Mississippi delegation largely supportive of President’s choice for Supreme Court

The Senate Judiciary Committee is set to begin confirmation hearings on October 12th for Amy Coney Barrett, President Trump’s nomination to the Supreme Court to replace late Justice Ruth Bader Ginsburg.

Mississippi’s delegation in D.C. is largely supportive of the President’s choice:


U.S. Senator Roger Wicker said, “Amy Coney Barrett is an outstanding judge and an even better person. A mother to seven children, she was subjected to unfair attacks on her religious faith and judicial philosophy during her previous confirmation process. Her grace under pressure and long-standing commitment to the rule of law indicates that she has the right temperament to serve on the Supreme Court and go through a highly-charged confirmation process. I commend President Trump on another exceptional pick for the high court, and I hope to meet with Judge Barrett soon.”

U.S. Senator Cindy Hyde-Smith stated, “President Trump has exercised his right to put forth a nominee to fill a Supreme Court vacancy.  In Judge Barrett, I believe President Trump has chosen a qualified conservative jurist who, if confirmed, will bring an important perspective to the Court.”

“I look forward to being part of her historic and important confirmation process, which will follow precedent and regular Senate order.  I take my constitutional ‘advice and consent’ responsibility very seriously, and I will carefully weigh Judge Barrett’s merits and qualifications and vote accordingly.  Filling a vacancy on the U.S. Supreme Court is a solemn process for our nation, and I hope Senate consideration of Judge Barrett will not descend into the dishonorable spectacle that Americans witnessed during the confirmation of Justice Brett Kavanaugh,” said Hyde-Smith.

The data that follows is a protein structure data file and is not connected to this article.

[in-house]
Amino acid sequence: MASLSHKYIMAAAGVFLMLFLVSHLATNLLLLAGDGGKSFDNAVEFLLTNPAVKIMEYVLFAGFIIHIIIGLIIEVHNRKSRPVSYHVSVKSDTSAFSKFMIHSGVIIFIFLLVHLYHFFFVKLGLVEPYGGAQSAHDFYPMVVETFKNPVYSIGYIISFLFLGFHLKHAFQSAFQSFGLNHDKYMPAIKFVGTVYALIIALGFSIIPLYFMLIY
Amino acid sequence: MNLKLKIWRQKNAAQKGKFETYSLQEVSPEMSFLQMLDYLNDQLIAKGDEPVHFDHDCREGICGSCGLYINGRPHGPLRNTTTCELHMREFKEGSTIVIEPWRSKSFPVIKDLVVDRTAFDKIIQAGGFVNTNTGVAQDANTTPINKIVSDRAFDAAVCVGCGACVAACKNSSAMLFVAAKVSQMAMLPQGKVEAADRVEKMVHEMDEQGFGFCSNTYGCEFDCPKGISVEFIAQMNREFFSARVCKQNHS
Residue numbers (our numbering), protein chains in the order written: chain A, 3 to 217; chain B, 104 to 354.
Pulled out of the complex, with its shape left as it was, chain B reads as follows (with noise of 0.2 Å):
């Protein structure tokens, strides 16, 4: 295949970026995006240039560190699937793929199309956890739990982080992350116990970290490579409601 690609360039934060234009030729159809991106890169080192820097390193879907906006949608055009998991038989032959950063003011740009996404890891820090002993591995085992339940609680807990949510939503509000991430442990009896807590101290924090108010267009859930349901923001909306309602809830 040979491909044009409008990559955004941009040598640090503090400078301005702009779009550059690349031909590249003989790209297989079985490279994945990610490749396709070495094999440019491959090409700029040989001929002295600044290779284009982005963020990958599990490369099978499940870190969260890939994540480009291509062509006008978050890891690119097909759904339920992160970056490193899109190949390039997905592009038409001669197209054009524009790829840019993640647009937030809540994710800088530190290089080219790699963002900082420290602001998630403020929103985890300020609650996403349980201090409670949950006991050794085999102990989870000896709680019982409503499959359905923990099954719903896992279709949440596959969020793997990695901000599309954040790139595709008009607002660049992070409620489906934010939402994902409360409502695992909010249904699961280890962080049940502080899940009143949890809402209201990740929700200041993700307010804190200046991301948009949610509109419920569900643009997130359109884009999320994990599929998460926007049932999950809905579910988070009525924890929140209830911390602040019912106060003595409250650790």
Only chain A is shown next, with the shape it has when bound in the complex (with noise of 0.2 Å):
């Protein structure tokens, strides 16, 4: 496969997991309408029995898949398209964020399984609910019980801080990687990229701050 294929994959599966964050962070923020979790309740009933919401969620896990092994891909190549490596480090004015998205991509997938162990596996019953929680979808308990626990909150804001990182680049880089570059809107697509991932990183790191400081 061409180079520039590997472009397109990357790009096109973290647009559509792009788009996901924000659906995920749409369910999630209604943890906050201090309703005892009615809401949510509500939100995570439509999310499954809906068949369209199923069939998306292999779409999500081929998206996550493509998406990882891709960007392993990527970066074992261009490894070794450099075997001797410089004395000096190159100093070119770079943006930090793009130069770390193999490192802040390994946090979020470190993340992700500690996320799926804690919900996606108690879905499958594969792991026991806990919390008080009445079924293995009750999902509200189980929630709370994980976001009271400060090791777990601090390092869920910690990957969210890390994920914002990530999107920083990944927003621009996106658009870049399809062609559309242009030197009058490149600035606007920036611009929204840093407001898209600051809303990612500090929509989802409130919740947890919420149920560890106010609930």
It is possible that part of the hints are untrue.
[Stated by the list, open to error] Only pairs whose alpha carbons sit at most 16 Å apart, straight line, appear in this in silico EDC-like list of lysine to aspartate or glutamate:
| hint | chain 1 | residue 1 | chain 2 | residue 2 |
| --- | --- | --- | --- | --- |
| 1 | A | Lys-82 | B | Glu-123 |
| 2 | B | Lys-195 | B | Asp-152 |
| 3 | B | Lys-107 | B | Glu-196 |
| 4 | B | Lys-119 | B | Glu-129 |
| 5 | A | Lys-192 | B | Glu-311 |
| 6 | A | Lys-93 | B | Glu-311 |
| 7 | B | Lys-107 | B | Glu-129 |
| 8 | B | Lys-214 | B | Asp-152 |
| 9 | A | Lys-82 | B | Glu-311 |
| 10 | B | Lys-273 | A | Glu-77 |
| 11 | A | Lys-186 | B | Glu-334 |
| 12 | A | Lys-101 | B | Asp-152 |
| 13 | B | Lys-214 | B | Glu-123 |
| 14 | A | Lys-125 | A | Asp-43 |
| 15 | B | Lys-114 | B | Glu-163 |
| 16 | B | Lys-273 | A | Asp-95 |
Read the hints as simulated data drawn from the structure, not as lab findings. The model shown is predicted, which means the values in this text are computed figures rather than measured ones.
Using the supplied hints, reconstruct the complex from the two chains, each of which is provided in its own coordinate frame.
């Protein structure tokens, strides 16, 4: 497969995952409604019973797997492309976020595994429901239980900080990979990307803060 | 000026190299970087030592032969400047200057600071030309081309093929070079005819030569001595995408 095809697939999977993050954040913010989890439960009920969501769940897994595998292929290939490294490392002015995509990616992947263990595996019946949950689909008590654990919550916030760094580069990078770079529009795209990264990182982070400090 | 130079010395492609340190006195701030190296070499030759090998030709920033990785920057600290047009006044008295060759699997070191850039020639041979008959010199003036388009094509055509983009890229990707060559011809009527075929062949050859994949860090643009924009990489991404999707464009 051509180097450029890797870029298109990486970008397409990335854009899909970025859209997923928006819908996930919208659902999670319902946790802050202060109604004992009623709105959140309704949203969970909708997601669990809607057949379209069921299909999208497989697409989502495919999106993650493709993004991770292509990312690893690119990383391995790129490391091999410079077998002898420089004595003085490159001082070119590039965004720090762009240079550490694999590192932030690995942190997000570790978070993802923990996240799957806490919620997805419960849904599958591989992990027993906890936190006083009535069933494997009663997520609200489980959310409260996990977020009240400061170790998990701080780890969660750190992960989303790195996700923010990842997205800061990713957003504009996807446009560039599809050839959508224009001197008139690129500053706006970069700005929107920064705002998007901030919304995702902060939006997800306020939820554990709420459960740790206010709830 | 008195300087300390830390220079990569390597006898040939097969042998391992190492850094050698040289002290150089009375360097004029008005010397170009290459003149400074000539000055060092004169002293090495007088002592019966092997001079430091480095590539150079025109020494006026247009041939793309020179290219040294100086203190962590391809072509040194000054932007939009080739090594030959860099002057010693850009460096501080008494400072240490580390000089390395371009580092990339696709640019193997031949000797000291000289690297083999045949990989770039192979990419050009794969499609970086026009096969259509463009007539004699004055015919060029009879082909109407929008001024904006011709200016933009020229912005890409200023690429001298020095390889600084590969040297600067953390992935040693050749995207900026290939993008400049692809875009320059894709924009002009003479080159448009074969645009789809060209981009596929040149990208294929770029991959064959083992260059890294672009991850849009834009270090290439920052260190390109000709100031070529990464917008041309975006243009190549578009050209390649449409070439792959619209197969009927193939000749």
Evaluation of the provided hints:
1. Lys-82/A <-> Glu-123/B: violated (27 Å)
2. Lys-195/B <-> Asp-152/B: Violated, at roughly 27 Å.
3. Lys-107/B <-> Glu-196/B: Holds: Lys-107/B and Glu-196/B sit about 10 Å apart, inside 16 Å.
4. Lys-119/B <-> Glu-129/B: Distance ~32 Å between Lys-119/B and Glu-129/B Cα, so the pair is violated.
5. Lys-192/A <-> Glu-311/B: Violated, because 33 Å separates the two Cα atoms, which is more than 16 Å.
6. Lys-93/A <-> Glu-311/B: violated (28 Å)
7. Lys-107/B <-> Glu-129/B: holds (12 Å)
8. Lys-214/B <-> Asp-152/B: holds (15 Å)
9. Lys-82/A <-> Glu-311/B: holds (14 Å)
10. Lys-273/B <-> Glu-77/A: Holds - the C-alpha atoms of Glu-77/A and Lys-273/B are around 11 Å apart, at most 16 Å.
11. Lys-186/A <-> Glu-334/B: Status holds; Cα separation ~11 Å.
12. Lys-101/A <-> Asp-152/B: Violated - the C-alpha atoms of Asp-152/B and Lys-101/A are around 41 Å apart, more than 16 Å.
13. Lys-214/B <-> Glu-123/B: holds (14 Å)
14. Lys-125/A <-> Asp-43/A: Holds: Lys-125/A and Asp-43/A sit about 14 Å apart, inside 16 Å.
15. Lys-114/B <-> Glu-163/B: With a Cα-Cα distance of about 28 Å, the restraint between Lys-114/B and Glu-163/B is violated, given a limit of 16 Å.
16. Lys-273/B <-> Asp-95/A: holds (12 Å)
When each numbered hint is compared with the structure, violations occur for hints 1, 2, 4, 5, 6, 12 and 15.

Congressman Steven Palazzo said, “President Trump made a promise to the American people to uphold the Constitution, and just like he’s done for the last three and a half years, he will keep his promise. President Trump has made a great choice with the selection of Judge Amy Coney Barrett to be a Supreme Court Justice. I know she is a principled conservative who values faith, family, and freedom. I look forward to the Senate fulfilling its responsibility and filling the vacant seat with the fifth woman to serve on the Supreme Court.”

Congressman Michael Guest said, “Judge Amy Coney Barrett is respected for her strong faith and legal brilliance. I fully support her nomination and the efforts to confirm her as our next Supreme Court Justice.”

Congressman Trent Kelly stated, “Judge Amy Coney Barrett is an excellent choice by President Trump as a nominee to the U.S. Supreme Court. I look forward to a swift confirmation by the U.S. Senate.”

Congressman Bennie Thompson said, “Senate Republicans are going back on their word to achieve a conservative agenda that will strip away imperative rights for millions of Americans.  We do not need a Supreme Court that will dismantle health care, women’s rights, worker’s rights, and voting rights.  Senate Republicans should move with the same deliberate speed on addressing the coronavirus pandemic and delivering relief to Americans. Rather, they’ve made it clear to the American people that having a conservative Supreme Court nominee confirmed is more important than addressing the pandemic that has killed 200,000 people due to their leader’s lack of leadership.”


President Trump nominated Barrett to the U.S. Court of Appeals for the Seventh Circuit in May 2017.  She was confirmed by the Senate in October 2017.

A native of New Orleans, Louisiana, Barrett graduated from Rhodes College in Memphis, Tennessee. She attended Notre Dame Law School, where she was executive editor of the Notre Dame Law Review and graduated summa cum laude. She clerked for Judge Laurence Silberman of the U.S. Court of Appeals for the District of Columbia Circuit, and for the late Supreme Court Associate Justice Antonin Scalia.

In 2002, Barrett began teaching courses on federal courts, constitutional law, and statutory interpretation at Notre Dame Law School.  She was named “Distinguished Professor of the Year” three times.